Friday, Sep 21, 2018 | Last Update : 07:07 PM IST
Access to and integration into these networks enhances their productivity leads to shared prosperity.
Money is the seed of money, and the first guinea is sometimes more difficult to acquire than the second million. — Jean-Jacques Rousseau
Inequality and exclusion are two of the most pressing challenges facing the world today. In recent years, policy planners have realised that development will be uneven and not wholesome if we do not address the problem of exclusion in a big way. Inclusive growth is necessary for ensuring that the benefits of a growing economy extend to all segments of society. Providing opportunities to every individual to use his potential for improving his well-being is essential for developing prosperous and stable societies. Unleashing people’s economic potential starts with connecting them to the vital networks that drive the modern economy.
Access to and integration into these networks enhances their productivity leads to shared prosperity. It is now accepted wisdom that a key ingredient of inclusive growth is financial inclusion. Greater financial inclusiveness is a gateway for more balanced development and a more cohesive society. Financial inclusion is the philosophy of providing affordable, safe, accessible, sustainable and properly regulated financial tools — delivered in a responsible way so that people can build their assets while improving their livelihoods. It enables people to have safe place to save money, acquire affordable and appropriately designed loans and insurance to gain better control over their own lives and that of their families.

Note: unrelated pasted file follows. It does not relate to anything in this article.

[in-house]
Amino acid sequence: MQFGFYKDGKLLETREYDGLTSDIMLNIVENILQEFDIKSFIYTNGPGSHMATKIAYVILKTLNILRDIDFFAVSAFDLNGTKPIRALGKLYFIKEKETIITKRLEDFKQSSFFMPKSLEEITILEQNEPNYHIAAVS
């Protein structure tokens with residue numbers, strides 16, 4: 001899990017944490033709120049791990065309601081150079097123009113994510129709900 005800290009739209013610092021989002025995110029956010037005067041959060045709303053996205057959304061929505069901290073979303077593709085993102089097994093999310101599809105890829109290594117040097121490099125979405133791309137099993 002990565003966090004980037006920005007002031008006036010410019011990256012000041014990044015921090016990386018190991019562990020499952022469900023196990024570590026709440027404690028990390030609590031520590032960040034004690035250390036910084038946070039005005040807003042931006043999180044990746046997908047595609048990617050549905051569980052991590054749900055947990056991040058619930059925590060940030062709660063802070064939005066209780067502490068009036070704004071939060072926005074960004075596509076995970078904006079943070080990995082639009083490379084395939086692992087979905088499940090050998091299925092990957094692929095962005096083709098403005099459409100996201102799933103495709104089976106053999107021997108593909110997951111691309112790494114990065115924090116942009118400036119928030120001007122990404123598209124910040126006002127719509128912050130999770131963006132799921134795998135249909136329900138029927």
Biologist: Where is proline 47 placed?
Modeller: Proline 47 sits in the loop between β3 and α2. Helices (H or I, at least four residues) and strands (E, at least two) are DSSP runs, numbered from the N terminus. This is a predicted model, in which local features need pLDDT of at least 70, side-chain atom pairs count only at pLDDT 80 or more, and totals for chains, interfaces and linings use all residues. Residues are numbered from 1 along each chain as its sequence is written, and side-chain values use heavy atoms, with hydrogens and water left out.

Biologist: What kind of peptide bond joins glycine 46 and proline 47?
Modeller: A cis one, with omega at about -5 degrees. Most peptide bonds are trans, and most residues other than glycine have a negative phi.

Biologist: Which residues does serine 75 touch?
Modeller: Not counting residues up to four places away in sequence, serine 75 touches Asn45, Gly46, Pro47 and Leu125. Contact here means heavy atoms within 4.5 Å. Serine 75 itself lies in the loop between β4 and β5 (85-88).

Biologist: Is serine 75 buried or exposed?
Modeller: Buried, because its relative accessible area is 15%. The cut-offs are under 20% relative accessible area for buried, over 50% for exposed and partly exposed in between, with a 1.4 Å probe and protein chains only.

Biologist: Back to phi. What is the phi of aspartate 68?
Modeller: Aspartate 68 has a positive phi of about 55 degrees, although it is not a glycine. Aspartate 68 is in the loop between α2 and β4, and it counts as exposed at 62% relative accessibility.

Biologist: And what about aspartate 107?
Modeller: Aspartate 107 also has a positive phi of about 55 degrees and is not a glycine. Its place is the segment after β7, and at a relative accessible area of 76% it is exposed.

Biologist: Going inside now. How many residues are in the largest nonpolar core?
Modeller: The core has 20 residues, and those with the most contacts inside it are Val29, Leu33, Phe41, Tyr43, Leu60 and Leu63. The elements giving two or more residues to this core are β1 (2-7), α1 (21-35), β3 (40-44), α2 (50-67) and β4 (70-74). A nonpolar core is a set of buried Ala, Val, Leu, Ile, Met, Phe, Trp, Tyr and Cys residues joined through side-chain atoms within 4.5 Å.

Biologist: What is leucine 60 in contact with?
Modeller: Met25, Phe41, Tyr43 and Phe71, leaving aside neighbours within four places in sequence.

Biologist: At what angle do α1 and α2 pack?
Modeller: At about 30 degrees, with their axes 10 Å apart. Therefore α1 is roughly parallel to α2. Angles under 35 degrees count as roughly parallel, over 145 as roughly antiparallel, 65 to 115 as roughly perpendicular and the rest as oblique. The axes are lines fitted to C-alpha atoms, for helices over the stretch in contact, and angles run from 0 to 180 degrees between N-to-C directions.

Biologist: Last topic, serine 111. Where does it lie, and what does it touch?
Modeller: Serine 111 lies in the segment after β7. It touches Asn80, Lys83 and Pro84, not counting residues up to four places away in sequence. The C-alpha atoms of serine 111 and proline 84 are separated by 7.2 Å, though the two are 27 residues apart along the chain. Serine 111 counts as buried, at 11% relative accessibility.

Financial services are like clean water, electricity, transport and communication — they are essential to leading a better life. In fact, they provide an enabling infrastructure for other development goals — from clean water to quality education to affordable healthcare to gender equality. As a corollary, ideal financial societies are those that provide ways that enable people to navigate their daily financial lives. Low income people need contextualised and customised services on account of the peculiarities of their financial lives, particularly their irregular/volatile income streams and expenditure patterns. Financial inclusion provides access to the formal financial system for socially and economically excluded people by integrating them better into the economy and the development stream. The Consultative Group to Assist the Poor (CGAP), the development arm of the World Bank, puts it well: “The financial system is, in a sense, the nerve system of an economy. It is the platform used for market transactions to occur, the means by which governments distribute benefits, and the mechanism used by citizens to demonstrate their civic responsibilities by payment of taxes and government services. Ensuring the financial system is inclusive is paramount in the process of creating a more inclusive, equal and peaceful society.” CGAP adds: “While more inclusive financial systems alone will not solve the problem of inequality and build inclusive and peaceful societies, it will certainly be an important contributor, and it is hard to imagine progress without it”.The poor need to set aside money in times of plenty and draw it in lean times. Life is one long risk for them as they are just a tragic event away from a financial catastrophe. Without inclusive financial systems, individuals and enterprises in low income communities lose promising opportunities, have their potential to use their entrepreneurial abilities constricted or have their capital constrained to their own savings and earnings. Managing money is hard, and it’s harder when you live on an earning that makes you plan your life on a day to day basis. Limited access to finance is seen as a major contributor to persistent poverty.